l2 1 ¼
]. Mmax represents the mass of the diffusing species
absorbed by the material at equilibrium, l stands for the
membrane thickness [
n¼0 ð2n þ 1Þp2 exp
Dð2n þ 1Þ2p2t!
2.2.2 Analytical Determination of the `Long Time Diffusion
Dlong predicts the end of the experimental desorption
curve. When M/Mmax is lower than 0.4, the desorption
equation can be written as Equation (19). K is a constant
By plotting ln(M/Mmax) as a function of time t, the
end of this curve is nearly a straight line whose slope
can be used to calculate the parameter Dlong as given in
The diffusion coefficient Dshort highly depends on the
first point of the semi-infinite desorption curve. This
point is estimated by extrapolating the desorption curve
since the decompression starts. Consequently, if this
point is overestimated, the coefficient Dshort
overestimates the beginning of the desorption kinetics.
Conversely, if this point is underestimated, the coefficient
Dshort underestimates the beginning of the desorption
kinetics. Even, the accuracy of the coefficient Dlong is
low because the assessment of the slope in Equation
(20) depends on the number of points experimentally
Dshort and Dlong coefficients increase when the applied
pressure rises. So, when the applied pressure is high, the
slope of desorption curve, at a given time, increases
(Fig. 1). Moreover, for a given level of pressure, the
necessity to use two diffusion coefficients in order to
describe at best the desorption kinetics means that the
parameter D depends on the gas concentration in the
It assesses the necessity to study the influence of gas
pressure and gas concentration on the diffusion
coefficients D, Equations (4, 5) and (8). This analysis can be
carried out by using optimizing methods [
] or by
numerically simulating the test of solubility. This later
numerical alternative consists in carrying out a
parametric study of D by numerically simulating the solubility
test with the Fick’s law. In Section 3, the comparison
of the results of these two analytical and numerical
methods makes it possible to conclude on their abilities to
evaluate the diffusion parameters at the beginning and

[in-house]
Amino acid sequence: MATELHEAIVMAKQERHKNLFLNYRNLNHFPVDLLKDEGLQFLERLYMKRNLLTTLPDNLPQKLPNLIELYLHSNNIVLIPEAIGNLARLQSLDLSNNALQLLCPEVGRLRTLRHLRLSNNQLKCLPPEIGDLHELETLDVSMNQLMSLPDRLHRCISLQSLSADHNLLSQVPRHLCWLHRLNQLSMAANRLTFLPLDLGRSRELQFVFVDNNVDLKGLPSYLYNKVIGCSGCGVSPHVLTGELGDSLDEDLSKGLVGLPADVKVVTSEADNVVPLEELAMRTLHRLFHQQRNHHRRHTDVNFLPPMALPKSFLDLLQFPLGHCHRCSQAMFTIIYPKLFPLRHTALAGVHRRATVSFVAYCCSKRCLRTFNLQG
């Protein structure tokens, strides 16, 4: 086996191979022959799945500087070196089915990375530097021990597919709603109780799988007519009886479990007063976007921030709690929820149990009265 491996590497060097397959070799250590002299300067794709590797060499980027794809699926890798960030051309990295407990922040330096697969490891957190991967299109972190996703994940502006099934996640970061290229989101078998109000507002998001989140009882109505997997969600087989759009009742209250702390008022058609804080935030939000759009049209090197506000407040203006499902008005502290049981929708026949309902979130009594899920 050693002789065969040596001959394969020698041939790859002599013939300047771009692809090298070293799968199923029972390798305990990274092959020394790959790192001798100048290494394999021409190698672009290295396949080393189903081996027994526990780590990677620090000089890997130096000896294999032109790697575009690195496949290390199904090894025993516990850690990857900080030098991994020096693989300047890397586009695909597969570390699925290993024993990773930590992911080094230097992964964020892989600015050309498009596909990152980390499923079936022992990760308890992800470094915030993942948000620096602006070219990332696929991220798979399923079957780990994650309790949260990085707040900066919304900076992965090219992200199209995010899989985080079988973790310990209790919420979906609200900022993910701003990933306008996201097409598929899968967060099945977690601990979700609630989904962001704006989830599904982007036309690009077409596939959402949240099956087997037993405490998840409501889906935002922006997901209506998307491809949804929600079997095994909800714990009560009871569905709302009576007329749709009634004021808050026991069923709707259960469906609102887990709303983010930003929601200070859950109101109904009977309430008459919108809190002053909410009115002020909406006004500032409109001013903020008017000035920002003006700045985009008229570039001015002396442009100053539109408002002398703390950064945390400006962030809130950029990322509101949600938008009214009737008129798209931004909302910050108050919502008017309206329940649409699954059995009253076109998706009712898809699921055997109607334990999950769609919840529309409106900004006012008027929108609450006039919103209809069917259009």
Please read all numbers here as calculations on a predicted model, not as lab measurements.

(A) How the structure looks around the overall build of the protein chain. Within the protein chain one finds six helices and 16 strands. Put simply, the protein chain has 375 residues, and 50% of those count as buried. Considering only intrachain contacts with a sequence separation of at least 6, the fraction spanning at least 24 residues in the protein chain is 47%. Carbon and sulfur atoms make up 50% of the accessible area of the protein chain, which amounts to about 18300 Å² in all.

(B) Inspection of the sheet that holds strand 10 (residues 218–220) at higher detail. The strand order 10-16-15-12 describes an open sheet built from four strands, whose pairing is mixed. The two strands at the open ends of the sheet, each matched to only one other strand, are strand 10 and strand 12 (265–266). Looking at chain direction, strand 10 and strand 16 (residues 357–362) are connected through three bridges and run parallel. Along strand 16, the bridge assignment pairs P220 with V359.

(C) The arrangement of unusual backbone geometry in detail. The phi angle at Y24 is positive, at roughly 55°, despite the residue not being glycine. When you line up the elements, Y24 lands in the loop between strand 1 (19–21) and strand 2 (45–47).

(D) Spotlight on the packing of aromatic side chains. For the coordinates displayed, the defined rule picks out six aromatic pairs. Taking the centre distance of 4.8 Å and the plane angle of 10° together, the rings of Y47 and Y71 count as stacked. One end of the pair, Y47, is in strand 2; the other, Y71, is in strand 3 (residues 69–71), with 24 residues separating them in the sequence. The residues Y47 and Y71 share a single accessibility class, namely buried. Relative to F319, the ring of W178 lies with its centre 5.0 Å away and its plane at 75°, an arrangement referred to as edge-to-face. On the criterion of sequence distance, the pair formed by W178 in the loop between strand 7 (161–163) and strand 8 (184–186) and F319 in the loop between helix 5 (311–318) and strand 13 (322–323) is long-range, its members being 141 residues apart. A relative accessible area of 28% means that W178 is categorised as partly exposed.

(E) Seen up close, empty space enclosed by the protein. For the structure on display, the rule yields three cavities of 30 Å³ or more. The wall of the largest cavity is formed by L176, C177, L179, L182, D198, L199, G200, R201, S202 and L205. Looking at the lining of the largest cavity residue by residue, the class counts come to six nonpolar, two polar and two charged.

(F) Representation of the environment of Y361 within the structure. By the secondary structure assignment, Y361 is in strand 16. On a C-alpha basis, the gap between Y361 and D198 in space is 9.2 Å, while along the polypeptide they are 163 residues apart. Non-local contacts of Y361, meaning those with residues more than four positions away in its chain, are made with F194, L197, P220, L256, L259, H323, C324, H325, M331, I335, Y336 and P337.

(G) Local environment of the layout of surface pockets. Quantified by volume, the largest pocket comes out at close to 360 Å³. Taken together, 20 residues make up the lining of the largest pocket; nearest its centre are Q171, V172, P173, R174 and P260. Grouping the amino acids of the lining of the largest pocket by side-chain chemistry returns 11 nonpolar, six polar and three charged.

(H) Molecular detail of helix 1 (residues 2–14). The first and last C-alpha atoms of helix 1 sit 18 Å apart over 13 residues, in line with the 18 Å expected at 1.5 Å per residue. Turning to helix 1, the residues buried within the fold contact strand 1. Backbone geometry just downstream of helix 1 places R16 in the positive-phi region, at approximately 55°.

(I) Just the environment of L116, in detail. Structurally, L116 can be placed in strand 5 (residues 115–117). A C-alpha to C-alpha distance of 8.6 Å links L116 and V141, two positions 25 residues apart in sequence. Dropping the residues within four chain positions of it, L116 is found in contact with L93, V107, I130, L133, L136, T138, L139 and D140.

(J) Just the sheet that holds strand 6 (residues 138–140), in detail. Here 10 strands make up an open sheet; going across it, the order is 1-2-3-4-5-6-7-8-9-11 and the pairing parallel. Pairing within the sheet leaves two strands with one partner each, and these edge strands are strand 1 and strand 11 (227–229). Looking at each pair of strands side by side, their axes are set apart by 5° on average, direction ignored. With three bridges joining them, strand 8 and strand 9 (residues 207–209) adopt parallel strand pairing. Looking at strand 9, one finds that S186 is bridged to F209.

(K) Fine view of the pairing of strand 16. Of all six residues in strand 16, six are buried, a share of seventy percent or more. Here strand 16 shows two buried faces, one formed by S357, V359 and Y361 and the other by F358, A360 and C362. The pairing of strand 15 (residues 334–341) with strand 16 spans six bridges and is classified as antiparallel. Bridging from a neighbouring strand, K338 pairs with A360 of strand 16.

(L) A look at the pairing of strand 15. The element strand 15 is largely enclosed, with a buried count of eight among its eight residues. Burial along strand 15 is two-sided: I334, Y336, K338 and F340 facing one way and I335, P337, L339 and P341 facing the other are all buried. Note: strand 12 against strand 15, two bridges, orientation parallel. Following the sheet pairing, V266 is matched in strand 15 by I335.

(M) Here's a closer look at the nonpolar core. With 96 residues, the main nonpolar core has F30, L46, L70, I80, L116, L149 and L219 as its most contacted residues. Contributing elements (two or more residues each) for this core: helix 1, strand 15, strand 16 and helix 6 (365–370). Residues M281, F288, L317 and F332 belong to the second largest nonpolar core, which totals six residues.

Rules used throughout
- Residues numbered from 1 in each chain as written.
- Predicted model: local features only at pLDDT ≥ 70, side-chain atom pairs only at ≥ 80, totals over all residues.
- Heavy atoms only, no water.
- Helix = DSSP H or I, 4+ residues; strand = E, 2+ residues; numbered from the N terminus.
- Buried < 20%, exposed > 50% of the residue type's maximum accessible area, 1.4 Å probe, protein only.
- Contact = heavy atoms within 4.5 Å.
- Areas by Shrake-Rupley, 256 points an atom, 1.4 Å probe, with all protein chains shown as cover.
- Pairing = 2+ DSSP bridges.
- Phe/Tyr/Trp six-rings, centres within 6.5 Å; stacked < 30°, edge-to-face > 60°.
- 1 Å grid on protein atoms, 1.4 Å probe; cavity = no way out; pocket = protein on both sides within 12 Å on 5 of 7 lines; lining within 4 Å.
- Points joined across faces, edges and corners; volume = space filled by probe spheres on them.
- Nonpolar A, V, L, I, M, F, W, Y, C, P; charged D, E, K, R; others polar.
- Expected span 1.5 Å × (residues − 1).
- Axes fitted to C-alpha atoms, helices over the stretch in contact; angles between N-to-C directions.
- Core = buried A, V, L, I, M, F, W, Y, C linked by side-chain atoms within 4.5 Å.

the end of desorption.
3 NUMERICAL SIMULATION OF THE BEHAVIOR OF PVF2 WITH CO2: IDENTIFICATION OF KEY COUPLINGS
To numerically simulate the diffuso-mechanical
behavior of the CO2/PVF2 system, the two types of couplings
are considered, namely the direct couplings, Equations
(9-12), and the indirect couplings, Equations (4, 5).
These laws have been implemented into the engineering
finite element code AbaqusTM by means of an User
ELement (UEL) subroutine, as applied in [
simulate the couplings, it is used 9 000 finite elements
defined in the UEL with 20 nodes and 27 integration
points. Details can be found in [
This tool gives the volume evolution of the sample and
the gas concentration in the sample during the solubility
test. The following Equation (21) expresses the mass of
the gas in terms of its gas concentration C, m(i)
represents the initial mass of the specimen:
mg ¼ 1 10 6C
To optimize the computing time, only a quarter of the
membrane with a square base and one section of the ring
have been modeled by taking into account the
appropriate symmetries. As regards the loading and the boundary
conditions, they have been defined so as to reproduce the
experimental test conditions, i.e., a sample placed on a
porous support in a pressure cell and subjected to a
variation of pressure and temperature. The contact between
the sample and the porous support has not been modeled
in a refined way during the simulation in order to
minimize the difficulty of the study.
Properties of the native PVF2 at 21 C are a Poisson’s
ratio of 0.38 and a Young modulus of 1 743 MPa [
The value chosen for the solubility coefficient is that
obtained experimentally at IFPEN (Tab. 2). In the
AbaqusTM code, the solubility parameter is expressed in
In the parametric study, the three unspecified
parameters are the diffusion coefficient D, and the direct
coupling parameters, ac and kl. The concentration and
pressure dependencies, Equations (4, 5) and (8), are
first studied neglecting thus the direct couplings (i.e., ac
= kl = 0). Then, the effect of the diffuso-elastic
couplings on the desorption kinetics and on the mechanical
behavior of the material is investigated by using a
constant diffusion coefficient adapted at each level of
pressure. Finally, this study compares these two kinds of
coupling and concludes on the type of coupling that
must be used so as to characterize as well as possible
the behavior of the PVF2 subjected to a CO2 pressure
3.1 Parametric Evaluation of the Indirect Couplings –
Influence of Pressure and Concentration on the
The indirect couplings describe the mass evolution of a
specimen during a solubility test, but not explicitly the
evolution of specimen volume. So, only the diffusion
kinetics is considered in this paragraph.
First of all, due to the uncertainty of the analytical
methods to precisely determine the diffusion coefficients